A current mirror is a transistor circuit that regulates current through a load resistance, the regulation point being set by a simple resistor adjustment.
Transistors in a current mirror circuit must be maintained at the same temperature for precise operation. When using discrete transistors, you may glue their cases together to help accomplish this.
Current mirror circuits may be found in two basic varieties: the current sinking configuration, where the regulating transistor connects the load to ground; and the current sourcing configuration, where the regulating transistor connects the load to the positive terminal of the DC power supply.

Transistor ratings and packages

Like all eletrical and electronic components, transistors are limited in the amounts of voltage and current they can handle without sustaining damage. Since transistors are a bit more complex than some of the other components you’re used to seeing at this point, they tend to have more kinds of ratings. What follows is an itemized description of some typical transistor ratings.
Power dissipation: When a transistor conducts current between collector and emitter, it also drops voltage between those two points. At any given time, the power dissipated by a transistor is equal to the product (multiplication) of collector current and collector-emitter voltage. Just like resistors, transistors are rated in terms of how many watts they can safely dissipate without sustaining damage. High temperature is the mortal enemy of all semiconductor devices, and bipolar transistors tend to be more susceptible to thermal damage than most. Power ratings are always given in reference to the temperature of ambient (surrounding) air. When transistors are to be used in hotter-than-normal environments, their power ratings must be derated to avoid a shortened service life.
Reverse voltages: As with diodes, bipolar transistors are rated for maximum allowable reverse-bias voltage across their PN junctions. This includes voltage ratings for the base-emitter junction, base-collector junction, and also from collector to emitter. The rating for maximum collector-emitter voltage can be thought of in terms of the maximum voltage it can withstand while in full-cutoff mode (no base current). This rating is of particular importance when using a bipolar transistor as a switch.
Collector current: A maximum value for collector current will be given by the manufacturer in amps. Understand that this maximum figure assumes a saturated state (minimum collector-emitter voltage drop). If the transistor is not saturated, and in fact is dropping substantial voltage between collector and emitter, the maximum power dissipation rating will probably be exceeded before the maximum collector current rating will. Just something to keep in mind when designing a transistor circuit!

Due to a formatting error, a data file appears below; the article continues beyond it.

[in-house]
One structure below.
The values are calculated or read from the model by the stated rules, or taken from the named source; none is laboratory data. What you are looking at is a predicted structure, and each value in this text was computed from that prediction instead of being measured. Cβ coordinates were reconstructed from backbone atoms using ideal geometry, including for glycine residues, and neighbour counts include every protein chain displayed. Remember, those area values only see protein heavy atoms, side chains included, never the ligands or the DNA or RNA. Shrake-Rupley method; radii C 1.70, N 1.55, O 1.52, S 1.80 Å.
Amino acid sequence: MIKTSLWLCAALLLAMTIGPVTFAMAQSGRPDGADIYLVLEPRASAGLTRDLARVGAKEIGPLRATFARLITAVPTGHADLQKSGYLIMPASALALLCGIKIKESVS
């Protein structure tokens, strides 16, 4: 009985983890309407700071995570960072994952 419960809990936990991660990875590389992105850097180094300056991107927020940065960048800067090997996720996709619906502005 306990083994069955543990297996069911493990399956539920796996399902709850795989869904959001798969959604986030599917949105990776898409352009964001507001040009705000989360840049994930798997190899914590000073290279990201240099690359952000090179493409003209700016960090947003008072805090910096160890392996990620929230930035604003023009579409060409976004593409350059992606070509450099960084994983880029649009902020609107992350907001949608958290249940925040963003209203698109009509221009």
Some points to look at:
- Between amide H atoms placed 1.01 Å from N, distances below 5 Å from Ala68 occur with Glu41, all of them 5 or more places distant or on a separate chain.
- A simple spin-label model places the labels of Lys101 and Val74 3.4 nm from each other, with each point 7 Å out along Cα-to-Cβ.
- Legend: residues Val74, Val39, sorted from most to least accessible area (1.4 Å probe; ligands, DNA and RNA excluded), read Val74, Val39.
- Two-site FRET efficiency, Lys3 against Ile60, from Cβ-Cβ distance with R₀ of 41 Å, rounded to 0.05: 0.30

Saturation voltages: Ideally, a saturated transistor acts as a closed switch contact between collector and emitter, dropping zero voltage at full collector current. In reality this is never true. Manufacturers will specify the maximum voltage drop of a transistor at saturation, both between the collector and emitter, and also between base and emitter (forward voltage drop of that PN junction). Collector-emitter voltage drop at saturation is generally expected to be 0.3 volts or less, but this figure is of course dependent on the specific type of transistor. Base-emitter forward voltage drop is very similar to that of an equivalent diode, which should come as no surprise.
Beta: The ratio of collector current to base current, β is the fundamental parameter characterizing the amplifying ability of a bipolar transistor. β is usually assumed to be a constant figure in circuit calculations, but unfortunately this is far from true in practice. As such, manufacturers provide a set of β (or “hfe“) figures for a given transistor over a wide range of operating conditions, usually in the form of maximum/minimum/typical ratings. It may surprise you to see just how widely β can be expected to vary within normal operating limits. One popular small-signal transistor, the 2N3903, is advertised as having a β ranging from 15 to 150 depending on the amount of collector current. Generally, β is highest for medium collector currents, decreasing for very low and very high collector currents.
Alpha: the ratio of collector current to emitter current, α may be derived from β, being equal to β/(β+1).
Bipolar transistors come in a wide variety of physical packages. Package type is primarily dependent upon the power dissipation of the transistor, uch like resistors: the greater the maximum power dissipation, the larger the device has to be to stay cool. There are several standardized package types for three-terminal semiconductor devices, any of which may be used to house a bipolar transistor. This is an important fact to consider: there are many other semiconductor devices other than bipolar transistors which have three connection points. It is impossible to positively identify a three-terminal semiconductor device without referencing the part number printed on it, and/or subjecting it to a set of electrical tests.